Historian Simon Schama asks if the president can turn things around after the disaster in Denver.
Simon Schama is a professor of history and art history at Columbia University. He is a contributing editors of the Financial Times, and regular broadcaster and documentary film maker for the BBC.
Simon Schama on the death of an irreplaceable writer—Robert Hughes, an art critic of furious passion.
It was antic, manic, magical, and mischievous—and thoroughly British. Simon Schama reviews the Olympic opening ceremonies.
Cy Twombly’s art is widely appreciated. But as Simon Schama argues, his passionate explorations of myth and fantasy deserve to be celebrated for transcending the confines of modernism.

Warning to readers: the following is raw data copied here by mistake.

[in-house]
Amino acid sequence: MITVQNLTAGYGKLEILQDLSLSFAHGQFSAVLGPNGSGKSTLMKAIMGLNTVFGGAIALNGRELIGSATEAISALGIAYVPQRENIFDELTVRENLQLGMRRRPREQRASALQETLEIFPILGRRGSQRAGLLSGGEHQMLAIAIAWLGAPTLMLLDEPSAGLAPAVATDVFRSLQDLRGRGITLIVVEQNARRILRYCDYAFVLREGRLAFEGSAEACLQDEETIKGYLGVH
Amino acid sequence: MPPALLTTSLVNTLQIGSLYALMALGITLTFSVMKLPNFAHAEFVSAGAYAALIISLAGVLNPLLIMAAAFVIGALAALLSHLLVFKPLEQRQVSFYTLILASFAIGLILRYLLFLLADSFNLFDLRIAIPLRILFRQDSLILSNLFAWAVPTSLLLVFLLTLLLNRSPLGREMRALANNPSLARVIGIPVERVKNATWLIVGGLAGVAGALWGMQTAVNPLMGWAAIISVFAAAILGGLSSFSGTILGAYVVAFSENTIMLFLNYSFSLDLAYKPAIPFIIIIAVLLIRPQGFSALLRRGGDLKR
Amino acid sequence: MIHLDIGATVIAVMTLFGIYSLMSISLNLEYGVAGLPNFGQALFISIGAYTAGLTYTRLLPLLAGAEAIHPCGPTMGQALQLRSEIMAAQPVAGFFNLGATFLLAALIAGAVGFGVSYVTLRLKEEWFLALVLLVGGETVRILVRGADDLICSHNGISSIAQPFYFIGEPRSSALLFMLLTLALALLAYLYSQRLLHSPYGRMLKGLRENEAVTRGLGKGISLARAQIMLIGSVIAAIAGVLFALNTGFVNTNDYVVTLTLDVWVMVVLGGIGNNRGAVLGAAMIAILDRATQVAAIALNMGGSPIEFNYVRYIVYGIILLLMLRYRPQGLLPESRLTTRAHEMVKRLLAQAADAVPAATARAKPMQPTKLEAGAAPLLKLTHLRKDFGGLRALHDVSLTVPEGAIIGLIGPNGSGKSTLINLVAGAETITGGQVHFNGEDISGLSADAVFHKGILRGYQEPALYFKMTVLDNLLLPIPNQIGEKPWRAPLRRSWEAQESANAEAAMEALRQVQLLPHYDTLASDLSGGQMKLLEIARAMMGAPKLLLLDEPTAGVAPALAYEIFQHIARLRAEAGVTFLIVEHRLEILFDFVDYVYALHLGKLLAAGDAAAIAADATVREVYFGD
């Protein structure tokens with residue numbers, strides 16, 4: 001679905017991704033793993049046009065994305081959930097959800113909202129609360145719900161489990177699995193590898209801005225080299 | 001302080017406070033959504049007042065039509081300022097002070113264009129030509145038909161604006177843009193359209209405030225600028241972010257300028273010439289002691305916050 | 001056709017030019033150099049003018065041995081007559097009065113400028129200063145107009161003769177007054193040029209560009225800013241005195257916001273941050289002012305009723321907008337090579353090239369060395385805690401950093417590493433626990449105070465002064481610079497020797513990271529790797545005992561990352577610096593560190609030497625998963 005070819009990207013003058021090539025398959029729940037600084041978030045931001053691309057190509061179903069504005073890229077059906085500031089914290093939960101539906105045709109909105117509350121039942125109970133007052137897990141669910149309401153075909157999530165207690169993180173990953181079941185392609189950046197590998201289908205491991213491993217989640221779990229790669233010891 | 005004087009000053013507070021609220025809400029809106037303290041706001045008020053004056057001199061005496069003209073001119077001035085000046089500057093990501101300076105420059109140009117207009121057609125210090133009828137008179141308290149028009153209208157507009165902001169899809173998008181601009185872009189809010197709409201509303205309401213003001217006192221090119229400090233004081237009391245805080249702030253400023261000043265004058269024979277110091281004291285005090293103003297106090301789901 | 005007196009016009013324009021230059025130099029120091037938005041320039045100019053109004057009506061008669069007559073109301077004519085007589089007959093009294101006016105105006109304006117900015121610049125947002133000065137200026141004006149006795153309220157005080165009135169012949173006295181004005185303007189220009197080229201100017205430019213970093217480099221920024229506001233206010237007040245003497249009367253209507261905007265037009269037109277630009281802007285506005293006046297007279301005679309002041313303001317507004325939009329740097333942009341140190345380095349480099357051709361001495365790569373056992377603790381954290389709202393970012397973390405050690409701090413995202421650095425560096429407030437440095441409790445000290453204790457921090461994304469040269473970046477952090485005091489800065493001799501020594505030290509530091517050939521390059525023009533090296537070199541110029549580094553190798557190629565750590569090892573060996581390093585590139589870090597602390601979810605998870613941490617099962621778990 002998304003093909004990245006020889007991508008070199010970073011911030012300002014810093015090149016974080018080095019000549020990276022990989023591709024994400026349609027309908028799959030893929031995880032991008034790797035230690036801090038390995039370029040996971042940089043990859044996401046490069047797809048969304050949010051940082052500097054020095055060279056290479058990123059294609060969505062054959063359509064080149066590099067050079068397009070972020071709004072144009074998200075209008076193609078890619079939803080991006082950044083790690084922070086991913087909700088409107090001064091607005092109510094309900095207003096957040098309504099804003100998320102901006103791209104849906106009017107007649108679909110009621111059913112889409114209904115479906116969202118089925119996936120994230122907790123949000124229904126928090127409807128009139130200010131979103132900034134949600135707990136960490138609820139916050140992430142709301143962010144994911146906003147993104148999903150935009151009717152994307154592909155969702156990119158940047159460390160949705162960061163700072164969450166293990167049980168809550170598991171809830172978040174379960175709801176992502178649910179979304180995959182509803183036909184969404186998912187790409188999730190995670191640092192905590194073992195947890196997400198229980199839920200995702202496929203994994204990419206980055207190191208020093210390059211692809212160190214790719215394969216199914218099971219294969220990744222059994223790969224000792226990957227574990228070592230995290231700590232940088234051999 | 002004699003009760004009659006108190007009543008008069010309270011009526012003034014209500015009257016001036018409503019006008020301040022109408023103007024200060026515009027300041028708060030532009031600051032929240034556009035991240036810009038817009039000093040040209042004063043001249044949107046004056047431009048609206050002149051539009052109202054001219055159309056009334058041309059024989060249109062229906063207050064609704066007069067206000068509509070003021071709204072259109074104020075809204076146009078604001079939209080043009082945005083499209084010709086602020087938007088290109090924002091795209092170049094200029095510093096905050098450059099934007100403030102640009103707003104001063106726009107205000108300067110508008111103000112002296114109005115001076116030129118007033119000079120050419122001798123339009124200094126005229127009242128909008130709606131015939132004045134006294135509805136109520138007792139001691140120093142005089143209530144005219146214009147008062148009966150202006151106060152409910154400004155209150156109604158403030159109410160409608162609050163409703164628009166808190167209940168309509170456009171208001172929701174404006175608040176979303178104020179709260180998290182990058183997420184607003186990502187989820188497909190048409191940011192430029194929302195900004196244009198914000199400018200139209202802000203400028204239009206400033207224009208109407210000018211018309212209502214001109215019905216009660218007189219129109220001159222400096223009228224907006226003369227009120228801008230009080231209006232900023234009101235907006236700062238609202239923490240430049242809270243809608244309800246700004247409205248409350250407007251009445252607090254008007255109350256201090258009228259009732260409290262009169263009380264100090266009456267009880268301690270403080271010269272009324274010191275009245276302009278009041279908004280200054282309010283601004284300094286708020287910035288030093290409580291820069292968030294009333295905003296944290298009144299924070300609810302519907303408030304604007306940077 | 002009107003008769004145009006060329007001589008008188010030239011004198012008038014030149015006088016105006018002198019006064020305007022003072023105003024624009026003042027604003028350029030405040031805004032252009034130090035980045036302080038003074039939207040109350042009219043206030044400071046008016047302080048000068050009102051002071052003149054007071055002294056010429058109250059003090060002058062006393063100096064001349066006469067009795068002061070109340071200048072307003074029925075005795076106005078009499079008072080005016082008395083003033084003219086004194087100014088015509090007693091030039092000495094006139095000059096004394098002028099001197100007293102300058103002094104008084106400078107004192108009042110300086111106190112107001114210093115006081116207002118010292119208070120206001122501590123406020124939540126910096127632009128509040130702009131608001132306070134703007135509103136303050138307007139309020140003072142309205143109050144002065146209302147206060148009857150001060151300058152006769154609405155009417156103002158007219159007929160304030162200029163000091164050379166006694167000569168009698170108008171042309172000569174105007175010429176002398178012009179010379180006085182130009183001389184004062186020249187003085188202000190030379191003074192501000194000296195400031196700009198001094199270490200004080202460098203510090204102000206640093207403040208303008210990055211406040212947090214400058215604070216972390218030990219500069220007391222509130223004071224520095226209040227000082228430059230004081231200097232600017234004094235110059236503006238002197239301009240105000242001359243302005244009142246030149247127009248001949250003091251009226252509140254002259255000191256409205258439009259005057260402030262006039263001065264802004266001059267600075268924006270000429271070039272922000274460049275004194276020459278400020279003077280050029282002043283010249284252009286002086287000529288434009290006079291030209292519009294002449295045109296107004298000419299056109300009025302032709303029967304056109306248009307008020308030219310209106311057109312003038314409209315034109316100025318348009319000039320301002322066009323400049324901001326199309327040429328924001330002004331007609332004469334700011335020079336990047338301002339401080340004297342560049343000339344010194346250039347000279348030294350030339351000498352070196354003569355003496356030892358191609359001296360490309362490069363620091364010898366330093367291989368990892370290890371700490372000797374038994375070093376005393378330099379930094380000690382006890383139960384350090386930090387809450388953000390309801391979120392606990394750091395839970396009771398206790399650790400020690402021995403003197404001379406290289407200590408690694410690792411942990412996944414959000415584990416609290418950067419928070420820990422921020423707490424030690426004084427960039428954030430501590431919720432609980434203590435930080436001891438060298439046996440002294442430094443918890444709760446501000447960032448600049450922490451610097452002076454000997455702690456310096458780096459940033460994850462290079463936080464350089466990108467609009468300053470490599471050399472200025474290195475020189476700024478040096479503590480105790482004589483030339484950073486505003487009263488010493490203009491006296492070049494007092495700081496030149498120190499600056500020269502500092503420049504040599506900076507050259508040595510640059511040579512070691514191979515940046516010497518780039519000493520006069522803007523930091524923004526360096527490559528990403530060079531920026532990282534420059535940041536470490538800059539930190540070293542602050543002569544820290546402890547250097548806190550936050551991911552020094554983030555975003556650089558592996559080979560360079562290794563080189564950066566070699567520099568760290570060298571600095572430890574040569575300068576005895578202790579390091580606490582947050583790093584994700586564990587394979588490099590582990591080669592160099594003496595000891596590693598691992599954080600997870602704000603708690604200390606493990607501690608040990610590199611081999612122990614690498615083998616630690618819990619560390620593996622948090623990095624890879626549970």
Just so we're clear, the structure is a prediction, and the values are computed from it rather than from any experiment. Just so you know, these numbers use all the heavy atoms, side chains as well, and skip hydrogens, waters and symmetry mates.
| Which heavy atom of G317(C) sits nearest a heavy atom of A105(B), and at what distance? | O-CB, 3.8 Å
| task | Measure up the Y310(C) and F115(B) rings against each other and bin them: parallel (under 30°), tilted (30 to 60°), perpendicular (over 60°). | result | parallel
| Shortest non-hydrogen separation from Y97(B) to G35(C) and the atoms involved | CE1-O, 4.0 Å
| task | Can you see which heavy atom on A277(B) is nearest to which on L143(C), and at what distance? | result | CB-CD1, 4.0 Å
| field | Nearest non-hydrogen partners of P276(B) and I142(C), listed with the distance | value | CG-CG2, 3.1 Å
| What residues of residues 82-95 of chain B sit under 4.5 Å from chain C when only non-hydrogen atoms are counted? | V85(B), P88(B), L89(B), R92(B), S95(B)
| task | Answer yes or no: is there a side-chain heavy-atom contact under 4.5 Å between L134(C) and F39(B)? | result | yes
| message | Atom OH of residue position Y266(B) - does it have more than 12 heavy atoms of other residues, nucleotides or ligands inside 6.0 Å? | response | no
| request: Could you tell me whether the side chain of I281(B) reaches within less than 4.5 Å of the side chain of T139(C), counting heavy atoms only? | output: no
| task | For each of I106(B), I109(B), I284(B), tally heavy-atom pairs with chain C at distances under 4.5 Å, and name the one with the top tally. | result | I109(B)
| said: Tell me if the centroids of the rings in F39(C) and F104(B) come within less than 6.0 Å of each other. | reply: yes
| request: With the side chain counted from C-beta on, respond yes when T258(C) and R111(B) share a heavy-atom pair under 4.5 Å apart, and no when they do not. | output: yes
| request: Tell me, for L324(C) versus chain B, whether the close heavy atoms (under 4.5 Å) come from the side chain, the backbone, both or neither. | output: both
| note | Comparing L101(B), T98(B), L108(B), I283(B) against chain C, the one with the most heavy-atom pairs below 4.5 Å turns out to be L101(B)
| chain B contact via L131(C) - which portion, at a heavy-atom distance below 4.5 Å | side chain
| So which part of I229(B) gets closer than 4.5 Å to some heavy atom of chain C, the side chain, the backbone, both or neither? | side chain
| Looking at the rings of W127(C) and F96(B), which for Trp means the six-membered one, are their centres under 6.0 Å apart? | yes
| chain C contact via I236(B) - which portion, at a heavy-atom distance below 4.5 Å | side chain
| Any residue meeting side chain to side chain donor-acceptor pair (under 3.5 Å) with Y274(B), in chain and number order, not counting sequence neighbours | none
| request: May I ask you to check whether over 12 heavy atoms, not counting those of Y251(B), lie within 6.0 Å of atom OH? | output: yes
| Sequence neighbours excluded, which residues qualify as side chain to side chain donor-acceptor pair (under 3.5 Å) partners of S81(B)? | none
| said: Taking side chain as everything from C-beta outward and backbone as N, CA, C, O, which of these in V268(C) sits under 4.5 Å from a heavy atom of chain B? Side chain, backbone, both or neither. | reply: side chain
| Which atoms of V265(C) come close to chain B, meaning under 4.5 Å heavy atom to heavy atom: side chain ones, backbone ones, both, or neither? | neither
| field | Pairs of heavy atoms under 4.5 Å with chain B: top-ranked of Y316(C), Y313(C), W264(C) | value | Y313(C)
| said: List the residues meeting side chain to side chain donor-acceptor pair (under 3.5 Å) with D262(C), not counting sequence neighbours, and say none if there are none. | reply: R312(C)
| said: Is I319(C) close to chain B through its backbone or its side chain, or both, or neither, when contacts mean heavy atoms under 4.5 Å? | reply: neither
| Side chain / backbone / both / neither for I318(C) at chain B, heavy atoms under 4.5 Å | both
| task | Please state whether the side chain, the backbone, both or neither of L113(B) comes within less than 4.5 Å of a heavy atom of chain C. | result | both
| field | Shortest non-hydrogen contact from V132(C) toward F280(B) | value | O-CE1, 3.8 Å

Simon Schama says Roman Polanski’s new movie The Ghost Writer—starring Pierce Brosnan and Ewan McGregor—is a piece of thrilling cinematic creepiness that ranks up there with Polanki’s greatest films.
Obama’s inaugural speech had few rhetorical highs. But it was nonetheless a dazzling performance, a dose of tough love from a man who is already hard at work.
After nearly 30 years of Democratic disappointment, none of us could quite believe the Obama phenomenon was real.